WHAT DOES QbD MEAN?
Depending on whom you talk to, you will get different descriptions of what QbD is. Some see it as a product approval quid pro quo to raise the regulatory compliance bar or the latest flavor-of-the-month that adds bureaucracy, cost, and time to product development. All QbD really means, however, is that products, and the processes that make them, are designed in advance to meet their product quality specifications and process control requirements.
These techniques are suspected of taking too much time and costing too much compared with the traditional trial-and-error methods that have been prevalent in development. But a better approach is to structure an experimental design that optimizes the available development time and project funds while maximizing the product and process data delivered. If this sounds too good to be true, consider that design of experiments (DOE), the heart of QbD, offers returns that are four to eight times greater than the cost of running the experiments in a fraction of the time that it would take to run one-factor-at-a-time experiments. (See box on DOE). Furthermore, these approaches are the only way to unlock interactions of multiple factors, something trial-and-error and one-factor-at-a-time experiments cannot. When the QbD approach is used, products are purer and more potent and processes are more robust and have higher productivity. Also, technology transfer risks are reduced because fewer start-up runs and less start-up time are needed, which can lower start-up costs and speed the time-to-market.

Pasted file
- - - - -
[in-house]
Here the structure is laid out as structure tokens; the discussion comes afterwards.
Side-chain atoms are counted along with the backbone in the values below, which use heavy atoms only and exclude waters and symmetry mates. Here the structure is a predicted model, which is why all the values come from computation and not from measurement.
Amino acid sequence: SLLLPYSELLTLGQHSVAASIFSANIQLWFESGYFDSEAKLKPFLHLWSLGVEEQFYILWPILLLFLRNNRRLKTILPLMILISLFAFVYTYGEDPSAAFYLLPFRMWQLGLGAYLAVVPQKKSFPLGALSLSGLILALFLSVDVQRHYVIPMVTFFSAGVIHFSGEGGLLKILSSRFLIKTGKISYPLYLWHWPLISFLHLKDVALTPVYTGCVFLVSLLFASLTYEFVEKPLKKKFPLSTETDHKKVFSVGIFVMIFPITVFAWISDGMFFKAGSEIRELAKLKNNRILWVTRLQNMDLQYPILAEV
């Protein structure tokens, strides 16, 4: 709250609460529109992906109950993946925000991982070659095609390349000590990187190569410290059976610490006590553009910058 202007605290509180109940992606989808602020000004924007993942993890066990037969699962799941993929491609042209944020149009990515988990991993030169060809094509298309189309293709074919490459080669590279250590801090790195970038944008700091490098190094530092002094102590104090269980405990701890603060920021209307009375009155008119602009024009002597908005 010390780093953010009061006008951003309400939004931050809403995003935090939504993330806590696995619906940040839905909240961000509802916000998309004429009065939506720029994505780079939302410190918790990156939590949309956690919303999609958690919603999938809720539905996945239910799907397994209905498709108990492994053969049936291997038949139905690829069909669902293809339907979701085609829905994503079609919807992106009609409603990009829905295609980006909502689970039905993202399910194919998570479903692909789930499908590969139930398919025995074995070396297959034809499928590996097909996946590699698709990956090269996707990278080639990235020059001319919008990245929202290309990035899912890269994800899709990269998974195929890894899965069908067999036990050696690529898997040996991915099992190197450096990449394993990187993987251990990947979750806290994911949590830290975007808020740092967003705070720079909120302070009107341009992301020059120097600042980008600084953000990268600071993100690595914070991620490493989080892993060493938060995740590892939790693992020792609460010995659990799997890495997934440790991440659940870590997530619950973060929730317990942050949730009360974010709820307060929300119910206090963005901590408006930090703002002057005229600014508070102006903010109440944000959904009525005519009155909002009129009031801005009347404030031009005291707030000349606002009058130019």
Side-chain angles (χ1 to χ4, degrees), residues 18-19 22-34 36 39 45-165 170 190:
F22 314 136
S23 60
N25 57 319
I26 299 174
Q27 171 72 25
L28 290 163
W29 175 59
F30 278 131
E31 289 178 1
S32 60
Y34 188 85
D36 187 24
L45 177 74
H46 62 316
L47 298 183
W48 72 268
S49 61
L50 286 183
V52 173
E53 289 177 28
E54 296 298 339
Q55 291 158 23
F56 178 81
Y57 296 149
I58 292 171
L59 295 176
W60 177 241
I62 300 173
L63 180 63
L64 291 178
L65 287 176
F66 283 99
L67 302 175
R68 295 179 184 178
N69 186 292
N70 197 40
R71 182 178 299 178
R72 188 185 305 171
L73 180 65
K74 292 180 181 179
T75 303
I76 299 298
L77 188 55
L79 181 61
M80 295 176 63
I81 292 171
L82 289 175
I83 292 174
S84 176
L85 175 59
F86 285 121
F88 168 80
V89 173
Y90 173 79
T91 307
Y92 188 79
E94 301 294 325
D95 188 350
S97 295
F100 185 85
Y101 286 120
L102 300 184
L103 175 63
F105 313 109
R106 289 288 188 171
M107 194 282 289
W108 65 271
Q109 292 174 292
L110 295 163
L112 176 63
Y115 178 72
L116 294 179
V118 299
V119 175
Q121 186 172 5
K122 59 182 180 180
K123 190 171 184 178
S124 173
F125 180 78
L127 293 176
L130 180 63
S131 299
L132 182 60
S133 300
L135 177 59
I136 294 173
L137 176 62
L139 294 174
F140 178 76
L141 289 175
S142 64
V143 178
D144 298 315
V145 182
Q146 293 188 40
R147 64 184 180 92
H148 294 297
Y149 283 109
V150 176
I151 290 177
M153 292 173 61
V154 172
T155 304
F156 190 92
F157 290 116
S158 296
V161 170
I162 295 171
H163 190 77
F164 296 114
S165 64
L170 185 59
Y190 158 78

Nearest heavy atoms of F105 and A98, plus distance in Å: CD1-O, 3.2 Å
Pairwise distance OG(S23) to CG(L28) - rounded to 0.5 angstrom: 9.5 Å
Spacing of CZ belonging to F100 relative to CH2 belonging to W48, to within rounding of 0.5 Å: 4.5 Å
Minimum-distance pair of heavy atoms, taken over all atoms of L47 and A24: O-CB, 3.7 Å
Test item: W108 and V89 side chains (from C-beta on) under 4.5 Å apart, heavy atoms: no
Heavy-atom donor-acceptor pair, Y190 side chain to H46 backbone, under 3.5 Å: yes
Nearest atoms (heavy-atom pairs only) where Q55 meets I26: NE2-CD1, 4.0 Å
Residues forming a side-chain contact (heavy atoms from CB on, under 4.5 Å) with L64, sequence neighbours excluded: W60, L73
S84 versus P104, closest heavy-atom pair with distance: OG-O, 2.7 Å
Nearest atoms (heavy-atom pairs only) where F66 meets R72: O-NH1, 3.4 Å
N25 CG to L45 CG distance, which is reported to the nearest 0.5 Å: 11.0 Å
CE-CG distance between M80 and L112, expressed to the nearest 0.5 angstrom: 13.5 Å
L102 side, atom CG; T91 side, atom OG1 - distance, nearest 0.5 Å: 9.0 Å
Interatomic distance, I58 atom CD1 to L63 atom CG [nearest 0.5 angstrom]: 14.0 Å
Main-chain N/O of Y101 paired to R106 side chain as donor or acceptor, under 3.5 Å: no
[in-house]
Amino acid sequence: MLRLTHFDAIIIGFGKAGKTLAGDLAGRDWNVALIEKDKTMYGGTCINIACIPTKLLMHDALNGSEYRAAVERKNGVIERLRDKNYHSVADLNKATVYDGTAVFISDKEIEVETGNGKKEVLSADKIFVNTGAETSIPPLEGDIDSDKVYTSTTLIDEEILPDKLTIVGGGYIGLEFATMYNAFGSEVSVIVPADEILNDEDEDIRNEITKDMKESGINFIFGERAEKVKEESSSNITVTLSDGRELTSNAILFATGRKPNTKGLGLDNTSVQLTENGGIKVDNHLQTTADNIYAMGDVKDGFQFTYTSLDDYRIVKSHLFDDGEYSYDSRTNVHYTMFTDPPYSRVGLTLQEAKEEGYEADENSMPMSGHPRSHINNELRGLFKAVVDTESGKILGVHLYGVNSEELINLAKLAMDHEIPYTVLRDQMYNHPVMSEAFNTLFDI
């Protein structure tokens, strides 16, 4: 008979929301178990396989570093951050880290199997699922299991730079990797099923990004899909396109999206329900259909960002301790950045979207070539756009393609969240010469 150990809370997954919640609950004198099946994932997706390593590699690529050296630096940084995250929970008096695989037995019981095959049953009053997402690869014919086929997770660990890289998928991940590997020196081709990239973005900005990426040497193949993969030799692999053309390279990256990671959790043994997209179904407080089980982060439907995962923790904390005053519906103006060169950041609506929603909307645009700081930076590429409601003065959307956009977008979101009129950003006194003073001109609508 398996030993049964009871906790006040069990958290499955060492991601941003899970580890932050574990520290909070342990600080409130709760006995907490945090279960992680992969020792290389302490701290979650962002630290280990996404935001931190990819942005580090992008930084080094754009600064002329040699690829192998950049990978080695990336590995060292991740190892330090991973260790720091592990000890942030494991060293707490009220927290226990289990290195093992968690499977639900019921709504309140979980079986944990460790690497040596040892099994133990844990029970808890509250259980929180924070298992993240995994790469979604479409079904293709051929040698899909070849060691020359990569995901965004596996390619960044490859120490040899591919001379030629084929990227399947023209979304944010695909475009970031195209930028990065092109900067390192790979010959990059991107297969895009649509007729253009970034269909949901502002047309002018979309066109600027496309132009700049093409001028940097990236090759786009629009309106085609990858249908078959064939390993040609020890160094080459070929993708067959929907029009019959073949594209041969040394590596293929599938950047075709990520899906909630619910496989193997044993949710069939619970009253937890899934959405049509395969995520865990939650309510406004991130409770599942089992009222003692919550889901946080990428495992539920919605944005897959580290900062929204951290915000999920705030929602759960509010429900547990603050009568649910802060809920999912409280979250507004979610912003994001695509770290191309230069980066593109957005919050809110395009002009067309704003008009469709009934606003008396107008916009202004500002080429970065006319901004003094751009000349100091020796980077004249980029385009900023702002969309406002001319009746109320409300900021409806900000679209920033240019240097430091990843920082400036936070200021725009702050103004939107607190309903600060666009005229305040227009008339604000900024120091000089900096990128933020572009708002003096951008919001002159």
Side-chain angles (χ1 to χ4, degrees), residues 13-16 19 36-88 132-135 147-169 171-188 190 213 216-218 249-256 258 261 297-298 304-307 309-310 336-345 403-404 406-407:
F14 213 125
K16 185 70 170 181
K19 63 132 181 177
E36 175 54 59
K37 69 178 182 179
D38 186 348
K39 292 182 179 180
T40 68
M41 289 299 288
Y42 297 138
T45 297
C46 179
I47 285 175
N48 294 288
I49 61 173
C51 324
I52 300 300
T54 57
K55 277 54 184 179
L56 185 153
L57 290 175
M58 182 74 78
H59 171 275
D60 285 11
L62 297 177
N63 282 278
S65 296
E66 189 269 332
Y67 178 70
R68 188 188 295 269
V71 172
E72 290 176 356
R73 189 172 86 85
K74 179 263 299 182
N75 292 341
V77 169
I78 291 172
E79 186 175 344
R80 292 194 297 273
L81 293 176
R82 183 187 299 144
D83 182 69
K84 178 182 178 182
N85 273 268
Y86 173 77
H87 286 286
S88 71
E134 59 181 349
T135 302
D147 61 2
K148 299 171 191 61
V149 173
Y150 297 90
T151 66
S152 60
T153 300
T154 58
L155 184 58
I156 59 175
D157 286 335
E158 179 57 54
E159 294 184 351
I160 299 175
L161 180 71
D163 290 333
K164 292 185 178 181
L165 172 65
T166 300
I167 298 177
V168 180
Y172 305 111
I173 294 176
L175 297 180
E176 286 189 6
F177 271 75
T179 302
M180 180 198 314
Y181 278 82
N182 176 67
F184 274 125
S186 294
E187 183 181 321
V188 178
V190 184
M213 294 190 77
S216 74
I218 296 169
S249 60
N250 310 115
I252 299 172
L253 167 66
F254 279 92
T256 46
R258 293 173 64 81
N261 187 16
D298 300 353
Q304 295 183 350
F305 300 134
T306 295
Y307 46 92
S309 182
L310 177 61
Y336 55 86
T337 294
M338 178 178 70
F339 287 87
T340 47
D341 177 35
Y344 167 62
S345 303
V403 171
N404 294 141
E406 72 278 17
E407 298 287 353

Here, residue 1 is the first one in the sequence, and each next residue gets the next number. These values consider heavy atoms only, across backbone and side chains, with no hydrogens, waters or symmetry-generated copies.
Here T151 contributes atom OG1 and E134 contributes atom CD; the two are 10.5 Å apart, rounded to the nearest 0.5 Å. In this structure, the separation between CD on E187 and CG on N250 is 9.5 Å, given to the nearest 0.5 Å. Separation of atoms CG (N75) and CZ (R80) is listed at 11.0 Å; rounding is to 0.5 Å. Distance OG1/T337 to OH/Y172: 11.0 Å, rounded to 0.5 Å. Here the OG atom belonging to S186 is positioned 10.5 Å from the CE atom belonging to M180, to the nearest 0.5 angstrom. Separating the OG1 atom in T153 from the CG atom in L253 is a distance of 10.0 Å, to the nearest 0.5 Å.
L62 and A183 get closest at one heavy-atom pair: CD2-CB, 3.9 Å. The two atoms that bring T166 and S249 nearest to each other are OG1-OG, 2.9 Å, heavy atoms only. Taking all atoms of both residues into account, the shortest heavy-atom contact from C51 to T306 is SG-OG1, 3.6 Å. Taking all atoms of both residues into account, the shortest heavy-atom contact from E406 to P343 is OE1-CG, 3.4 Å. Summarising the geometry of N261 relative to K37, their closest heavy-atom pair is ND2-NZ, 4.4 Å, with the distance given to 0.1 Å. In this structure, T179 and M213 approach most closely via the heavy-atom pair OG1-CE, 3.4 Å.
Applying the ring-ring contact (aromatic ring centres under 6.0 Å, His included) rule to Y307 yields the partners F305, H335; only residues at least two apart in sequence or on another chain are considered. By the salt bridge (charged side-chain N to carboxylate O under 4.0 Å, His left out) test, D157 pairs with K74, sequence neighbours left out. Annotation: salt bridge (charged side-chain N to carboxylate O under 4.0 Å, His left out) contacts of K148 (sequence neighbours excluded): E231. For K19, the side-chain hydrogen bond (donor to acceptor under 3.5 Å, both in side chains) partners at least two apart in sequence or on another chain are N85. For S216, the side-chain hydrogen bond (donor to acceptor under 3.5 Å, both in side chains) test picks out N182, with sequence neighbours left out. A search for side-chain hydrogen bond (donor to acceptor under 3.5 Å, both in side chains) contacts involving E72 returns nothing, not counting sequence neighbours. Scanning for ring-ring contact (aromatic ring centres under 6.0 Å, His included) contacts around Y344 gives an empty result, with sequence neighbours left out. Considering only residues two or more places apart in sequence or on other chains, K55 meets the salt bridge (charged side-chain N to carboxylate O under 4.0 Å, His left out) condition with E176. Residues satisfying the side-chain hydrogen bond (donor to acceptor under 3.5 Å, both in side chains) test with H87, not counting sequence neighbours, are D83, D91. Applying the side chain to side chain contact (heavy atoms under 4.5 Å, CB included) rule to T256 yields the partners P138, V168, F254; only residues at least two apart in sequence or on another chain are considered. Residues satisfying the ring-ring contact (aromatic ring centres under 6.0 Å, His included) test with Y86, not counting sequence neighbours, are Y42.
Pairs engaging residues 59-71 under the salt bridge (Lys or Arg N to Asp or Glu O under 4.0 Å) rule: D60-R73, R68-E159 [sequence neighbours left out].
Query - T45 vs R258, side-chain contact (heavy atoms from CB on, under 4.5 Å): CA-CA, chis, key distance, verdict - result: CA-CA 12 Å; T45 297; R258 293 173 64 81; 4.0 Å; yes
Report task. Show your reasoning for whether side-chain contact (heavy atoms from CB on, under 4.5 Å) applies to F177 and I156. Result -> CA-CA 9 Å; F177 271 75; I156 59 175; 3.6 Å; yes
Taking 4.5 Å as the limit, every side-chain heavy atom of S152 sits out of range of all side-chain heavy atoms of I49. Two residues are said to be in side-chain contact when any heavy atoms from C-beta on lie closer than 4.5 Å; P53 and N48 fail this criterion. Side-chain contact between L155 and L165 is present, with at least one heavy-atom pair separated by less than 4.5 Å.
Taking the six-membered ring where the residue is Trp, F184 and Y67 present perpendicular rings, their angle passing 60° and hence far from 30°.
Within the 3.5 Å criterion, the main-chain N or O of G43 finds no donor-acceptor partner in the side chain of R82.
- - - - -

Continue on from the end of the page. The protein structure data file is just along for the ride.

If the traditional approach is ok, why should we be concerned with cost and productivity? Companies, governments, and health maintenance organizations (HMOs) face conflicting budget priorities, expanding demand, and higher costs per person for healthcare. Product cost and the cost of quality and compliance are under increasing pressure to be justified or reduced. In short, improved quality, higher productivity, lower cost, and improved compliance are the roadmap for the future. These goals can be achieved with QbD application. Neway has efficiently made the business case for QbD.1
CONVERTING THE SKEPTICS
Activities like QbD and process analytical technology (PAT) have been standard practice at chemical companies since the mid 1950s. These companies embraced these approaches because it saved them large amounts of money and time. But chemical companies, of course, are not regulated the way the pharmaceutical industry is. Our regulations create a different environment, and we must adapt to that difference. Validation presents the most obvious constraint.